Community Research and Development Information Service - CORDIS

  • European Commission
  • CORDIS
  • Programmes
  • Exploiting research outcomes and application potential of the human microbiome for personalised prediction, prevention and treatment of disease

The aim is to achieve understanding of balanced states of health and on that basis to deliver personalised approaches and clinical tools for predicting and preventing diseases. Proposals should integrate and use high quality microbiome, metabolome and other -omics data produced by large scale international initiatives. They should combine and expand these data with approaches including disease-oriented functional analysis, endogenous and exogenous factors, innovative imaging, functional, structural and lifestyle, ageing, dietary data, environmental data, mental disorders and/or any other comorbidity.

Proposals should build on data from existing microbiome projects and, as appropriate, on data from other international initiatives. Focussed production of new data should make subject coverage more comprehensive with the aim of delivering more valuable clinical tools. Proposals should address relevant ethical implications, take into account sex and gender differences, the effect of country-specific issues and should include a section on research data management. The proposed work should be connected to the future European Open Science Cloud[[In particular, microbiome data sharing is relevant for the future Health Research and Innovation Cloud, which will be a thematic component of the European Open Science Cloud: https://ec.europa.eu/research/openscience/pdf/realising_the_european_open_science_cloud_2016.pdf.]] to enable sharing and re-use of resources as well as interoperability with other types of data and tools across disciplines. Proposals should contribute to standardisation of sample collection and storage, methods (Standard Operating Procedures) and study designs. SMEs participation is encouraged.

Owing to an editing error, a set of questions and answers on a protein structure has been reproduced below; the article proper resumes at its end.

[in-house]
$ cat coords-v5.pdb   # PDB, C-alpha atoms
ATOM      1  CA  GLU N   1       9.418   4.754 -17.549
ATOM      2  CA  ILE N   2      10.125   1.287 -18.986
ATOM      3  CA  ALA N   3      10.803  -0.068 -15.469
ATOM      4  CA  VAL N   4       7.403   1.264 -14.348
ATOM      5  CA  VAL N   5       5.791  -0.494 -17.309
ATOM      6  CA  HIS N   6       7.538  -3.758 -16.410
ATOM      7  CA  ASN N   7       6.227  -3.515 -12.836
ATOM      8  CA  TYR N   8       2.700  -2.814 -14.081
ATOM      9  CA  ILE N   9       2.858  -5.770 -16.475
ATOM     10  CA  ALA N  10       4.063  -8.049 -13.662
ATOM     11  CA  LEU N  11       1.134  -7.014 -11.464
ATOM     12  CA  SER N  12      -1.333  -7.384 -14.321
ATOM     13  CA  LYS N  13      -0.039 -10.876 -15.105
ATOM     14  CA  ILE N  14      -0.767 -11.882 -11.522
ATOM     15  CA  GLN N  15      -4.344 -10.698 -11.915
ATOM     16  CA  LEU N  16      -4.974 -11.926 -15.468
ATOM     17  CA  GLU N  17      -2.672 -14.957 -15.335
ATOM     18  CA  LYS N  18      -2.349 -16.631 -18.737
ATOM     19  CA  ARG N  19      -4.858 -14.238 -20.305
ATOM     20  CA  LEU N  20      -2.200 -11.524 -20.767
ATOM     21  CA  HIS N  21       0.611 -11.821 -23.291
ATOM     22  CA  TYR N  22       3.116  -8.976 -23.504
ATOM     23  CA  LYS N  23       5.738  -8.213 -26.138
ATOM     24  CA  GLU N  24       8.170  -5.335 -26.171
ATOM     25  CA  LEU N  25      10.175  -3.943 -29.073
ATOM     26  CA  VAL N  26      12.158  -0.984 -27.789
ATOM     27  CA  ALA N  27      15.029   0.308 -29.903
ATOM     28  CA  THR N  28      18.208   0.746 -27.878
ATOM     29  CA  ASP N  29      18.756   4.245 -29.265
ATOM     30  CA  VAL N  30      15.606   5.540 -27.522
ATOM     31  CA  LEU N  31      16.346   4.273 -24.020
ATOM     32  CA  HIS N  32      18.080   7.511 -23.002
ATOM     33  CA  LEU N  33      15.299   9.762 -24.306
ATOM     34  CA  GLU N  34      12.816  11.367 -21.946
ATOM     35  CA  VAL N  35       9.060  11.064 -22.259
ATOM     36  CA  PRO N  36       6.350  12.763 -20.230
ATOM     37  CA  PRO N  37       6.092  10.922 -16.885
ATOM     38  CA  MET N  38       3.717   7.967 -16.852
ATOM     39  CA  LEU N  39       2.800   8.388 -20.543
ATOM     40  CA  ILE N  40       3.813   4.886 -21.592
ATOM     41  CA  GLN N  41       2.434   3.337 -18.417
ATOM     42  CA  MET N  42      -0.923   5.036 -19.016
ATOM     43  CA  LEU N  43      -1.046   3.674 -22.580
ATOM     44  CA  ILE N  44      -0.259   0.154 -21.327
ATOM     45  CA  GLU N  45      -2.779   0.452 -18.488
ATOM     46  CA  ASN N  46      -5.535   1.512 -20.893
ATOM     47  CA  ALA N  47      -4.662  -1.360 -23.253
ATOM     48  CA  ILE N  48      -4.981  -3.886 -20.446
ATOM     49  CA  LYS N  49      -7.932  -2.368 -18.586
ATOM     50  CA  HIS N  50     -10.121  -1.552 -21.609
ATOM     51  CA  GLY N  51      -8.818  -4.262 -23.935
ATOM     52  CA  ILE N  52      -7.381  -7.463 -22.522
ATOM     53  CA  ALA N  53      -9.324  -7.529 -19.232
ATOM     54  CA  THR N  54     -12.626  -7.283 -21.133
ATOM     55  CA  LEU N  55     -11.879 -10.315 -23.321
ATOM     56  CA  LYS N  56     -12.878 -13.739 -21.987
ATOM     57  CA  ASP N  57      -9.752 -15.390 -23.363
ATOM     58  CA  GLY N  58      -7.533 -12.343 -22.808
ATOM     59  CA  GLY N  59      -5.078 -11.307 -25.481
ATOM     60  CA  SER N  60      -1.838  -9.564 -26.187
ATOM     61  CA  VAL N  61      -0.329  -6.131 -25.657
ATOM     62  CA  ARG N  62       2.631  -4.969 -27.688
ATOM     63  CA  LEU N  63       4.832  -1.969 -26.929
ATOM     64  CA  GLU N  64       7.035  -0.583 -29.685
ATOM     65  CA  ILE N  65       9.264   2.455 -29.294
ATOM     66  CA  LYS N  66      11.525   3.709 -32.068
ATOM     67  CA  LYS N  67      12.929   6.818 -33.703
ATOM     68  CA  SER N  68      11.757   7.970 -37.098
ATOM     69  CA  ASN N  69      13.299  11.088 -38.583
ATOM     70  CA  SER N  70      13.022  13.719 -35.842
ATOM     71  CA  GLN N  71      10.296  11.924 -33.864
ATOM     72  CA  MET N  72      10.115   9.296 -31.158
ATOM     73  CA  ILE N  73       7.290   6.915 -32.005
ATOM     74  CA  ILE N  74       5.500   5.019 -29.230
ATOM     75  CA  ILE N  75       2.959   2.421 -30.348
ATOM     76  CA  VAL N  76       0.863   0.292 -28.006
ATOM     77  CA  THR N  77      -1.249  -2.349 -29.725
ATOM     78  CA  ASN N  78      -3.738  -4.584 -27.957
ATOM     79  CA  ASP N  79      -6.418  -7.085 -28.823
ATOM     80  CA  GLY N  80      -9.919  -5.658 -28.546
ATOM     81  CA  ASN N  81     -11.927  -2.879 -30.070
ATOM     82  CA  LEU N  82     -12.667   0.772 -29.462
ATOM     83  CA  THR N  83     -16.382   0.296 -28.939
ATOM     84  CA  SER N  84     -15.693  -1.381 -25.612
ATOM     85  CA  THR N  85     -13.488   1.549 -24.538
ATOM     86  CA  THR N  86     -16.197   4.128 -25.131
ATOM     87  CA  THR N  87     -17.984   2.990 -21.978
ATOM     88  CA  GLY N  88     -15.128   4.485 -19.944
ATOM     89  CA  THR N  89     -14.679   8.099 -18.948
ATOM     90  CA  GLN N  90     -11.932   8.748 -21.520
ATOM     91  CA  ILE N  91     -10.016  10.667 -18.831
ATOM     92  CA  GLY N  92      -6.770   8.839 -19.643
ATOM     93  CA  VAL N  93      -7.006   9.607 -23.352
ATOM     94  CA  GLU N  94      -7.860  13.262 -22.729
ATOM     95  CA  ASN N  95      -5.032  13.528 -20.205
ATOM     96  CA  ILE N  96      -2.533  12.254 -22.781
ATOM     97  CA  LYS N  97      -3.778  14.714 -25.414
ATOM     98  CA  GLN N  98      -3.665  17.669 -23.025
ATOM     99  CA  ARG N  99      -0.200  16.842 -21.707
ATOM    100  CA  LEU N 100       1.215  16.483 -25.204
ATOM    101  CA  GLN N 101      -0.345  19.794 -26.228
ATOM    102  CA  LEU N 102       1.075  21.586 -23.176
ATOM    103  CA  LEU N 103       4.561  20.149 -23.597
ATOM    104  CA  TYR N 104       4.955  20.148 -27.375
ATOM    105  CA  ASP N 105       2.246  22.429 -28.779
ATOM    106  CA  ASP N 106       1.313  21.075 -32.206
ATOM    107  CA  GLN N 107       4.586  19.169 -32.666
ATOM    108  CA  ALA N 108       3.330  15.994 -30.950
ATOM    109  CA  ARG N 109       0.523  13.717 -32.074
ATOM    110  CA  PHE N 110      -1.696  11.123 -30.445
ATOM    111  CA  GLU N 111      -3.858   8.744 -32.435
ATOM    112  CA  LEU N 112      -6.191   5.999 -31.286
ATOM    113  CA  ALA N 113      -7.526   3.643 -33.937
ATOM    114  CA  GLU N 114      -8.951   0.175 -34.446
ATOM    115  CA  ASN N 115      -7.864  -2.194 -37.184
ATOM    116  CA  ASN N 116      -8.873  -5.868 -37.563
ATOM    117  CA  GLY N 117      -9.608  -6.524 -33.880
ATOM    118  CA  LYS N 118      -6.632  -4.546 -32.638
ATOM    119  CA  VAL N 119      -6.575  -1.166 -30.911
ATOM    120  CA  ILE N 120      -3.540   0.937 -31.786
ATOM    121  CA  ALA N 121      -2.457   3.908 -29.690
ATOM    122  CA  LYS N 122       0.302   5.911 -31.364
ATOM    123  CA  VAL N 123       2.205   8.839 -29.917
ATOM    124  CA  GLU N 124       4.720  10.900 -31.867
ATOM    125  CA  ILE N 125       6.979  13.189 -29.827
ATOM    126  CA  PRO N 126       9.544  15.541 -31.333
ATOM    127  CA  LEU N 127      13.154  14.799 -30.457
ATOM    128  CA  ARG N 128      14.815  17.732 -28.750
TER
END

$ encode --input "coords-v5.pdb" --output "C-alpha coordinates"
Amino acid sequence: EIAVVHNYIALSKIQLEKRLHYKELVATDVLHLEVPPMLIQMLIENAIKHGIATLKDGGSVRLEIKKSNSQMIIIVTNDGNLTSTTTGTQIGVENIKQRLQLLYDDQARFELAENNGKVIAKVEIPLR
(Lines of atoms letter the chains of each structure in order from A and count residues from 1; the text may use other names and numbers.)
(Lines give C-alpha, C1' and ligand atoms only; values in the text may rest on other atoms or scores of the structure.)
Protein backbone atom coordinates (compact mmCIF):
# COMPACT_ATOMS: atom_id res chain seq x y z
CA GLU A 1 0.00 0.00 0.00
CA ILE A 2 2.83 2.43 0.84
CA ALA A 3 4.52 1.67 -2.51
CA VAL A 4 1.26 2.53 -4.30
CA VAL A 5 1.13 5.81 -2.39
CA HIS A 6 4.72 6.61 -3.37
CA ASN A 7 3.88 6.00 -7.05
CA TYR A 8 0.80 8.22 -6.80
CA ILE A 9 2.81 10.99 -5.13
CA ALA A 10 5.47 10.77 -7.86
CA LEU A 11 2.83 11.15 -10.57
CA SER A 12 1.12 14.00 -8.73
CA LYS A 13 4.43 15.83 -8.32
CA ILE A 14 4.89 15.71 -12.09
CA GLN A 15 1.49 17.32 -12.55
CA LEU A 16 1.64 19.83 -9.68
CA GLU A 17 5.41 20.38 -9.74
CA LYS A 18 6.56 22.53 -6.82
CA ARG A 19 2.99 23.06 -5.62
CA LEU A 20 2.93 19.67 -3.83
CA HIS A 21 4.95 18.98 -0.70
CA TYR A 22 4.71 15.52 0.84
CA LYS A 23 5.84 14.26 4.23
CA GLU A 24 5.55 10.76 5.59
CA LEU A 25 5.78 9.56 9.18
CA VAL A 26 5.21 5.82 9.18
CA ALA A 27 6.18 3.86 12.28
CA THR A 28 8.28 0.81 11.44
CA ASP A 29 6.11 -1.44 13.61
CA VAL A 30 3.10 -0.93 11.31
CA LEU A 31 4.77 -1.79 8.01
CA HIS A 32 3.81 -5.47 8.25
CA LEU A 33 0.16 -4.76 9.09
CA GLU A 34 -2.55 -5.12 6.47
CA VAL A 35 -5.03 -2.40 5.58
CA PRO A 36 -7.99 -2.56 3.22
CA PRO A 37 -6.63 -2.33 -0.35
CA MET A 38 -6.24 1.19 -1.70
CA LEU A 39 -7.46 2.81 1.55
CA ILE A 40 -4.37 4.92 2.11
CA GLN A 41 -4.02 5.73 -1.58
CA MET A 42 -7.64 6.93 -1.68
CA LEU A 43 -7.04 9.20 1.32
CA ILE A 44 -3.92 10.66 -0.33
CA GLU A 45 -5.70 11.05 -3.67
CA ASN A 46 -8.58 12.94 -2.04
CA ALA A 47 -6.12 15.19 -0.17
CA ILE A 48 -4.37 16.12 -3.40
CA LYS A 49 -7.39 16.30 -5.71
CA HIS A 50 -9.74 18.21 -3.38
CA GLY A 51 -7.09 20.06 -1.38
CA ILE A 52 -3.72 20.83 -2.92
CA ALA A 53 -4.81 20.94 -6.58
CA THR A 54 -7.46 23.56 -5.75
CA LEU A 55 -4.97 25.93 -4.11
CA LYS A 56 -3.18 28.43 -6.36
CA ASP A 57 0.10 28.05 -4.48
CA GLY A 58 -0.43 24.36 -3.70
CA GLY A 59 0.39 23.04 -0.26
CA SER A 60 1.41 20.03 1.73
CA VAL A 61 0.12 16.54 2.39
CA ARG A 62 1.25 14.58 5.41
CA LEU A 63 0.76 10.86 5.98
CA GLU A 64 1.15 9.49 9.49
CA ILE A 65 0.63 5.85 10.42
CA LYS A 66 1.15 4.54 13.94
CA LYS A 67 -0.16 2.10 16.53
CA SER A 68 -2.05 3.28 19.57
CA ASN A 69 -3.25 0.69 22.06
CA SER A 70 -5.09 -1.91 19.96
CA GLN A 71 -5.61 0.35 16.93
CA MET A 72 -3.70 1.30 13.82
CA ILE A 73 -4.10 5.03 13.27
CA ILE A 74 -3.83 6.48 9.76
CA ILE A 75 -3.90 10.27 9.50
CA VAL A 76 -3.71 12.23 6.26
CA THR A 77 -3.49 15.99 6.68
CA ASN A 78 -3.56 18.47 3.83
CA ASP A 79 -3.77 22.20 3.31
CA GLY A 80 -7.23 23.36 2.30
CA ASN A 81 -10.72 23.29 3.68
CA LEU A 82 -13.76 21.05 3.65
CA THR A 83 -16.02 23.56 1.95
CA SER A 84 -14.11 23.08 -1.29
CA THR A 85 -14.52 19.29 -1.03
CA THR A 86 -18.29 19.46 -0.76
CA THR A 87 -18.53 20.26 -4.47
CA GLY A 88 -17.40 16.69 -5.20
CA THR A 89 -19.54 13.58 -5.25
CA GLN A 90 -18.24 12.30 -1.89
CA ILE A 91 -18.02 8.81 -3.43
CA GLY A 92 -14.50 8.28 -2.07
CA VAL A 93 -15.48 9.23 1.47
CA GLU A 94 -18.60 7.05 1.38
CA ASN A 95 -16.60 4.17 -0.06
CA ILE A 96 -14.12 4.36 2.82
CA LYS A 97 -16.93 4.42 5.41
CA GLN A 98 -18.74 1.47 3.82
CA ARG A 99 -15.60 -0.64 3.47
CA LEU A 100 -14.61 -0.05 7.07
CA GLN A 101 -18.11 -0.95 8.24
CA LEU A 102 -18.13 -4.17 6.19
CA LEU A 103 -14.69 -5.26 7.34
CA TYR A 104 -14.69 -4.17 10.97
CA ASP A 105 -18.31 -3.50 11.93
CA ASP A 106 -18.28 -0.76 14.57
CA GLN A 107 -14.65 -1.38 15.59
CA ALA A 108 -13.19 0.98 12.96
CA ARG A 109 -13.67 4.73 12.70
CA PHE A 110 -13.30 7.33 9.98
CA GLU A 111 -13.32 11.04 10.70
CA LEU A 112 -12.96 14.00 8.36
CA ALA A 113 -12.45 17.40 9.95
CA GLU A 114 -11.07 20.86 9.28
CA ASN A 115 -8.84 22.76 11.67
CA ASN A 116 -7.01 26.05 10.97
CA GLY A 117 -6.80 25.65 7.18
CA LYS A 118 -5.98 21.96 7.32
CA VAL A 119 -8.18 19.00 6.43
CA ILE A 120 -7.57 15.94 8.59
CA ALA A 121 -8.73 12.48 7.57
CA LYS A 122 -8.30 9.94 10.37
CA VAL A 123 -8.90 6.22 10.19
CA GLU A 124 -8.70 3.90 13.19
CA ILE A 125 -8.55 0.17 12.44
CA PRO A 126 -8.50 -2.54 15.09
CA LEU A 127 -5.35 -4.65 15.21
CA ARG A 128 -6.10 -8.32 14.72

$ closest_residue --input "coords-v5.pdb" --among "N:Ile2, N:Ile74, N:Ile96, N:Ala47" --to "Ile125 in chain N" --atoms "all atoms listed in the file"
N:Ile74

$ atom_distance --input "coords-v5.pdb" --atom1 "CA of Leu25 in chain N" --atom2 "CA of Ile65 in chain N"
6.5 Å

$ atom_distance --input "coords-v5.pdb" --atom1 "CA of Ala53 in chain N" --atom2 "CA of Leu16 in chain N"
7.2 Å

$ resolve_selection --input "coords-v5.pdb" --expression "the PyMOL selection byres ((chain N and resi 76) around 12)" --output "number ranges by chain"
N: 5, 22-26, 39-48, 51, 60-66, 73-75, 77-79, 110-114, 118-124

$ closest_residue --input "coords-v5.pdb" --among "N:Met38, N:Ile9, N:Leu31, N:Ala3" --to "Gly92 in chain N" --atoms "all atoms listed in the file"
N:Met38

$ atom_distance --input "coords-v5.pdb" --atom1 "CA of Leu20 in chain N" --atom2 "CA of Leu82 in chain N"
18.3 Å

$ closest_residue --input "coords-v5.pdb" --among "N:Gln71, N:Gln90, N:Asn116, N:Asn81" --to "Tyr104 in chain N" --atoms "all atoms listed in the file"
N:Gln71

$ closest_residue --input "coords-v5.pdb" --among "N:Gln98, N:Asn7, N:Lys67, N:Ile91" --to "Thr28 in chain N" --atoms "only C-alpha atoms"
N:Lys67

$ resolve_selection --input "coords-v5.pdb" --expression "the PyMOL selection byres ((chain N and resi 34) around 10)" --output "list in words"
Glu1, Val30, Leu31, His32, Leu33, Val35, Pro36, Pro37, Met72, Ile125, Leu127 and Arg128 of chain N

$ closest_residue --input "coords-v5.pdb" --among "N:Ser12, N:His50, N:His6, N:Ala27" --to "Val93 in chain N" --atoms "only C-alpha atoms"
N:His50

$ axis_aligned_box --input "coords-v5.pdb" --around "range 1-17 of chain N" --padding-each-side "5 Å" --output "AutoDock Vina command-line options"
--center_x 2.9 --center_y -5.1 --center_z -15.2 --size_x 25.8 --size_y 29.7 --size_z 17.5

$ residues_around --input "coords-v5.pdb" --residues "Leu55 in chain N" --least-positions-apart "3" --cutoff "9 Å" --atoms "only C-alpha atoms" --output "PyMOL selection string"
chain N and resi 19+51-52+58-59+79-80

Proposals addressing rare diseases are not in scope of this action.

The Commission considers that proposals requesting a contribution from the EU of between EUR 10 and 15 million would allow this specific challenge to be addressed appropriately. Nonetheless, this does not preclude submission and selection of proposals requesting other amounts.

The human microbiome plays an important role for health. Many different projects in 'metagenomics' and epidemiological research in recent years have delivered new knowledge on associations between the microbiome and a wide range of diseases. International initiatives such as the International Human Microbiome Consortium (IHMC) have generated large-scale data. These research efforts were first of all made to identify host-microbe-interactions and links of the microbiome with diseases. Now the challenge is to accelerate the translation of data and knowledge to define balanced healthy conditions and to predict and prevent diseases through the development of personalised approaches and clinical tools. Building on existing data it is necessary to produce also new data with the aim to make the research more comprehensive or more holistic and to achieve more valuable clinical tools. Whilst the promise of such tools is evident, they need to be validated and be part of personalised medicine.

This topic will focus on the clinical aspects of personalised prediction and prevention of disease. Other aspects of microbiome research in relation to food/nutrition will be addressed by a cluster of topics in Societal Challenge 2. Further topics may be launched under the IMI2 JU.

  • Personalised medicine approaches for the prediction and prevention of diseases through exploitation, integration and combination of data from existing microbiome projects and appropriate other international -omics studies.
  • More valuable clinical tools built on existing data and new complementary data in relevant repositories.
  • Identification and validation of microbial functionalities; robust healthy conditions and determinants of resilience for defined populations at specific body sites.
  • Better prediction and prevention of diseases through validated novel clinical tools that are helpful for end-users.
  • More intensive collaboration and strategic synergies between scientists across disciplines and sectors.
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